Recent reports show that corn prices have collapsed over the past three years, falling over 120%. Oat, soybean, and wheat prices have also dropped tremendously, according to the United States Department of Agriculture.
Many farmers believe there are still things that can be done to turn the industry around.
“There are always tweaks to the system,” Tom Vilsack, USDA Agriculture Secretary said. “I think we still have to give some farmers some flexibility in terms of the counties they select from an administrative standpoint. I think in a new program you have to have enough flexibility when someone realizes they may have made a mistake about which county they designated.”
According to Seeking Alpha, farmers are currently strapped for cash and the decrease in agricultural prices could worsen the overall crop supply.
These low crop prices are going to lead to an increase in farm payments. Vilsack is optimistic but believes the market will continue to struggle.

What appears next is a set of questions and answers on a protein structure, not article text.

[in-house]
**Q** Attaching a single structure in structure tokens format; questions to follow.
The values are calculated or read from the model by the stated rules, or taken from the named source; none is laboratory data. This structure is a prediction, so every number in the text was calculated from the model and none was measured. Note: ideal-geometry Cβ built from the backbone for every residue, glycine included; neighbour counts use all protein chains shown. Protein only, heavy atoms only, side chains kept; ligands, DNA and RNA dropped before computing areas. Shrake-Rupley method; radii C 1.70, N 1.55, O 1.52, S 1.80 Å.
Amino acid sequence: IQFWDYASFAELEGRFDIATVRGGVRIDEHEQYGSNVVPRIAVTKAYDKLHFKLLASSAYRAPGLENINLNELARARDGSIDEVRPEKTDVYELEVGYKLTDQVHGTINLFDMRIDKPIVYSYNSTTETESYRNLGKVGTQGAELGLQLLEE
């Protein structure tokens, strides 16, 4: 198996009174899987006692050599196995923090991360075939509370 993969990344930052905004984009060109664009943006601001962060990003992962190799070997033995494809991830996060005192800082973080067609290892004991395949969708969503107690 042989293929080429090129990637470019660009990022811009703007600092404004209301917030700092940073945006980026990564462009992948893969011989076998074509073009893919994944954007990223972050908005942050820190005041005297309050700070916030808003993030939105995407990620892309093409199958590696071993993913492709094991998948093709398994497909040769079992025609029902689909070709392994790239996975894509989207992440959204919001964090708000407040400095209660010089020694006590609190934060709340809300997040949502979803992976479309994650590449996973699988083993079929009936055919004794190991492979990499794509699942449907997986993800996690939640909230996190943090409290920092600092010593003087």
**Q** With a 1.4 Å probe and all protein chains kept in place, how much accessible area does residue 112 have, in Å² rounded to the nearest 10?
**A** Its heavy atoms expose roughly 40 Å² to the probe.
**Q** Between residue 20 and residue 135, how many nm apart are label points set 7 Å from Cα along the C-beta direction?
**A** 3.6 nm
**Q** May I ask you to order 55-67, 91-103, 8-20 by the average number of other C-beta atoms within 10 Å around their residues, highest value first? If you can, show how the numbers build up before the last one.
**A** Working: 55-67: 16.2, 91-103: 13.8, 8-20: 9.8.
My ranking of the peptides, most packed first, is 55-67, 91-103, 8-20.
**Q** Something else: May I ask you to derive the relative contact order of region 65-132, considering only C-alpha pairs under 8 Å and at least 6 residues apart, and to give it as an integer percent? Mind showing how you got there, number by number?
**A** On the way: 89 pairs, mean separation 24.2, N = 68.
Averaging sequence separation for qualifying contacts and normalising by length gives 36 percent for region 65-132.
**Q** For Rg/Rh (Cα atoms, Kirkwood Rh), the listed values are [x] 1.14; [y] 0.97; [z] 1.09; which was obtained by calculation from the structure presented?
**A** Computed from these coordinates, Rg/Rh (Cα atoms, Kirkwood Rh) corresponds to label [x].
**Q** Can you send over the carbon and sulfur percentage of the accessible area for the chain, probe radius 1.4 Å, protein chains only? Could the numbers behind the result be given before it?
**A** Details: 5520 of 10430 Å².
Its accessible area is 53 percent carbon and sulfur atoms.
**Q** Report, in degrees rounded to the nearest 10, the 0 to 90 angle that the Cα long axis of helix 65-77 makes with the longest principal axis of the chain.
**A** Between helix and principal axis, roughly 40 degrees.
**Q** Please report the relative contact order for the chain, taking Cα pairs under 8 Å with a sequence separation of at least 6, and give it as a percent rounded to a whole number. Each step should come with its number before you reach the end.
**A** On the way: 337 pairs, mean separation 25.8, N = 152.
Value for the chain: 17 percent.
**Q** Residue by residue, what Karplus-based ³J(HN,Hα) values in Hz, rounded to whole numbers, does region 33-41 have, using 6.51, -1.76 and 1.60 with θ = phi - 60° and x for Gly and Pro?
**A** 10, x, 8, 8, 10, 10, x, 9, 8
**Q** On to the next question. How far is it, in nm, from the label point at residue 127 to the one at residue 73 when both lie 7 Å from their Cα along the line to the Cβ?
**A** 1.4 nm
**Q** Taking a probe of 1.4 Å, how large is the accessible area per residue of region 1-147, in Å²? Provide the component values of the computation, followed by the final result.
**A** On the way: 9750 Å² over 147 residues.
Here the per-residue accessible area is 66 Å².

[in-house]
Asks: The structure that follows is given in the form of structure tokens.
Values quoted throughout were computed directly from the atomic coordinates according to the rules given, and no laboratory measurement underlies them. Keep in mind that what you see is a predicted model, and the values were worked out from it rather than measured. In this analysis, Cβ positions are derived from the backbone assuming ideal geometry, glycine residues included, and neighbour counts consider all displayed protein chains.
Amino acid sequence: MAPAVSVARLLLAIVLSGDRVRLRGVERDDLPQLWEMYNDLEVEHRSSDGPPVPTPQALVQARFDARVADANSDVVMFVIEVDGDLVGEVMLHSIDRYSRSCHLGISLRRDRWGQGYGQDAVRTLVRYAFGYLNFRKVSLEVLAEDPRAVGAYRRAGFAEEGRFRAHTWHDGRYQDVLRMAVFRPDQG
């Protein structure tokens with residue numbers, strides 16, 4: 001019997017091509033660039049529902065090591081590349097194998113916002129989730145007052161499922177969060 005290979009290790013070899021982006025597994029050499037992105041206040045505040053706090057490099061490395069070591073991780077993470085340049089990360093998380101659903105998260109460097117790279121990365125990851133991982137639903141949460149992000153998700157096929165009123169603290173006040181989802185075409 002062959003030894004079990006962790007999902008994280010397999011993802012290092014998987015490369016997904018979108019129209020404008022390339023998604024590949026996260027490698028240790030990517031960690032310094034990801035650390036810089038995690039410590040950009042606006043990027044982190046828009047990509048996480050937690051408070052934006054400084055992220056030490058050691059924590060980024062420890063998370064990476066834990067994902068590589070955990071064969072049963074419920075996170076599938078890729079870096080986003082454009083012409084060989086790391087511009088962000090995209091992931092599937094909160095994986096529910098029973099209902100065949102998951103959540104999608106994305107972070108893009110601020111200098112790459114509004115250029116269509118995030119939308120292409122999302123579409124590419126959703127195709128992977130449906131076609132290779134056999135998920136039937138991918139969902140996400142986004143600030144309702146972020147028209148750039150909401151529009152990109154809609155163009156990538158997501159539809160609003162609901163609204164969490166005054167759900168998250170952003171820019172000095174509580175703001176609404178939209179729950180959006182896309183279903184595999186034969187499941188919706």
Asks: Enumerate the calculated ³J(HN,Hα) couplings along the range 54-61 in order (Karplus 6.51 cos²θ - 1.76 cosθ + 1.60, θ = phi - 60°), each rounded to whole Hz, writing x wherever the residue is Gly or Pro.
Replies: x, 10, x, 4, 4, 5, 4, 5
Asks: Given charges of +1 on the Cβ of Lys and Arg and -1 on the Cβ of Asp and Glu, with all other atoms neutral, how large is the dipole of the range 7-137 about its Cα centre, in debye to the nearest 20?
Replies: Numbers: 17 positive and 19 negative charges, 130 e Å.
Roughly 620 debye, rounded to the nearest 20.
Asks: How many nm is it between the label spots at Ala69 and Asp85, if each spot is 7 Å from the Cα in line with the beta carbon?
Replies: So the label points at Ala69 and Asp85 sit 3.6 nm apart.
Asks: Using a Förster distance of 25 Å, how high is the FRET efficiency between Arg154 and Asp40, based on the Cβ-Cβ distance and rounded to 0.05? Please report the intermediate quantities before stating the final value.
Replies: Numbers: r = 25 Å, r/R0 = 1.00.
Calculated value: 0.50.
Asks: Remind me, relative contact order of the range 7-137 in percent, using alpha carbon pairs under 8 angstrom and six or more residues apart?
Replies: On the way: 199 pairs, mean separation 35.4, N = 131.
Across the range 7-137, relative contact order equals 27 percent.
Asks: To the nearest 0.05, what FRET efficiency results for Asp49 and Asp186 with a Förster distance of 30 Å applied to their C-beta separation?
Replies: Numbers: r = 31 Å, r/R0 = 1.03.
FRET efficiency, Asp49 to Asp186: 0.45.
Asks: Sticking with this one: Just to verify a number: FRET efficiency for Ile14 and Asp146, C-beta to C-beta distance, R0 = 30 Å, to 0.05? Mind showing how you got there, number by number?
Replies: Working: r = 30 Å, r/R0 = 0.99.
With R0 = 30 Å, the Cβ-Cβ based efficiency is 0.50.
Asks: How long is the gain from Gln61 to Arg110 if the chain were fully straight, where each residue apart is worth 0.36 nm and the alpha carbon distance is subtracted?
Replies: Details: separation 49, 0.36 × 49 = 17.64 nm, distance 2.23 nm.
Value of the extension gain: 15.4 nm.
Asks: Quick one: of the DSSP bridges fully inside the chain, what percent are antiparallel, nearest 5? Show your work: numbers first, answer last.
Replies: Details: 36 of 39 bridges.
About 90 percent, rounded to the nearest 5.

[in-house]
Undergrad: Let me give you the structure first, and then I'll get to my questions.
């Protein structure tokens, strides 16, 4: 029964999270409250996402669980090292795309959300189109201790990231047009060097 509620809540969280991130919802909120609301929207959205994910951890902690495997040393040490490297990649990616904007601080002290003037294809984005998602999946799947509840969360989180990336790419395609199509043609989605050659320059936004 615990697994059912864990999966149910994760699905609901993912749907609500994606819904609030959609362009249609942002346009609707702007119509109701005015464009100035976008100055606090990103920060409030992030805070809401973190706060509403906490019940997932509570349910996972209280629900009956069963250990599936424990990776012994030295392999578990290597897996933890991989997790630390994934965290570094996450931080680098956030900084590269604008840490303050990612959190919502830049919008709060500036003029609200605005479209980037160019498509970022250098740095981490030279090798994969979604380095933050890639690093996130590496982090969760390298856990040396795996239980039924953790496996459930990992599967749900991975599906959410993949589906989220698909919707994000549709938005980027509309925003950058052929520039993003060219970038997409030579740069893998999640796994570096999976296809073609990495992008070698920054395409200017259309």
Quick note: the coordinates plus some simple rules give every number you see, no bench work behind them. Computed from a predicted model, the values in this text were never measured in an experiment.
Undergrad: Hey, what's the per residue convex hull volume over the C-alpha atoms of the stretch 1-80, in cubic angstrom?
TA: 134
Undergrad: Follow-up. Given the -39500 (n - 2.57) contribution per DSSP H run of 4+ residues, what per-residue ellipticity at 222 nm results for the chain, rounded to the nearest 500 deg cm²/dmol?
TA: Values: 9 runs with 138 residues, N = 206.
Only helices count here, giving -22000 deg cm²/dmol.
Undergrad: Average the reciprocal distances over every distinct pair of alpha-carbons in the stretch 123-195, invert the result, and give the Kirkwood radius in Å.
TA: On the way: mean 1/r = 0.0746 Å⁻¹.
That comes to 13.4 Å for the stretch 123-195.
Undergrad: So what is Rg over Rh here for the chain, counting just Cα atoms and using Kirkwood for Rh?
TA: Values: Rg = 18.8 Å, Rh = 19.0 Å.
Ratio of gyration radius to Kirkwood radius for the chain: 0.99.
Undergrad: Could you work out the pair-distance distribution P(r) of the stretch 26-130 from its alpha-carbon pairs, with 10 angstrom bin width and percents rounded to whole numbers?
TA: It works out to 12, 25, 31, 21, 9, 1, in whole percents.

“The market this time of year is really just on hold,” Vilsack said. “Just seeing a setback here just with the weaker cut out just in the last few days.”
Despite these agricultural issues facing farmers, the real estate value of farming land in the United States totals to approximately $2 trillion.
Farmers are still increasing production despite all the low prices. Some believe that this suggests underlying cash problems for individual farmers.
Farm debt that is not involving real estate grew more than 10% CAGR over the past three years, previously only increasing 3% over a 30-year period.
These low crop prices are also decreasing insurance returns for farmers. In Iowa, for the 2016 crop, producing a bushel of corn costs $4.15, and soybeans are currently worth more than $10.
Chad Hart, an extension economist at Iowa State University, said, “Crop insurance shouldn’t be set up to guarantee that everyone should continue to farm. The idea is farming is still a business and that means people both come into the business but also exit out of the business.”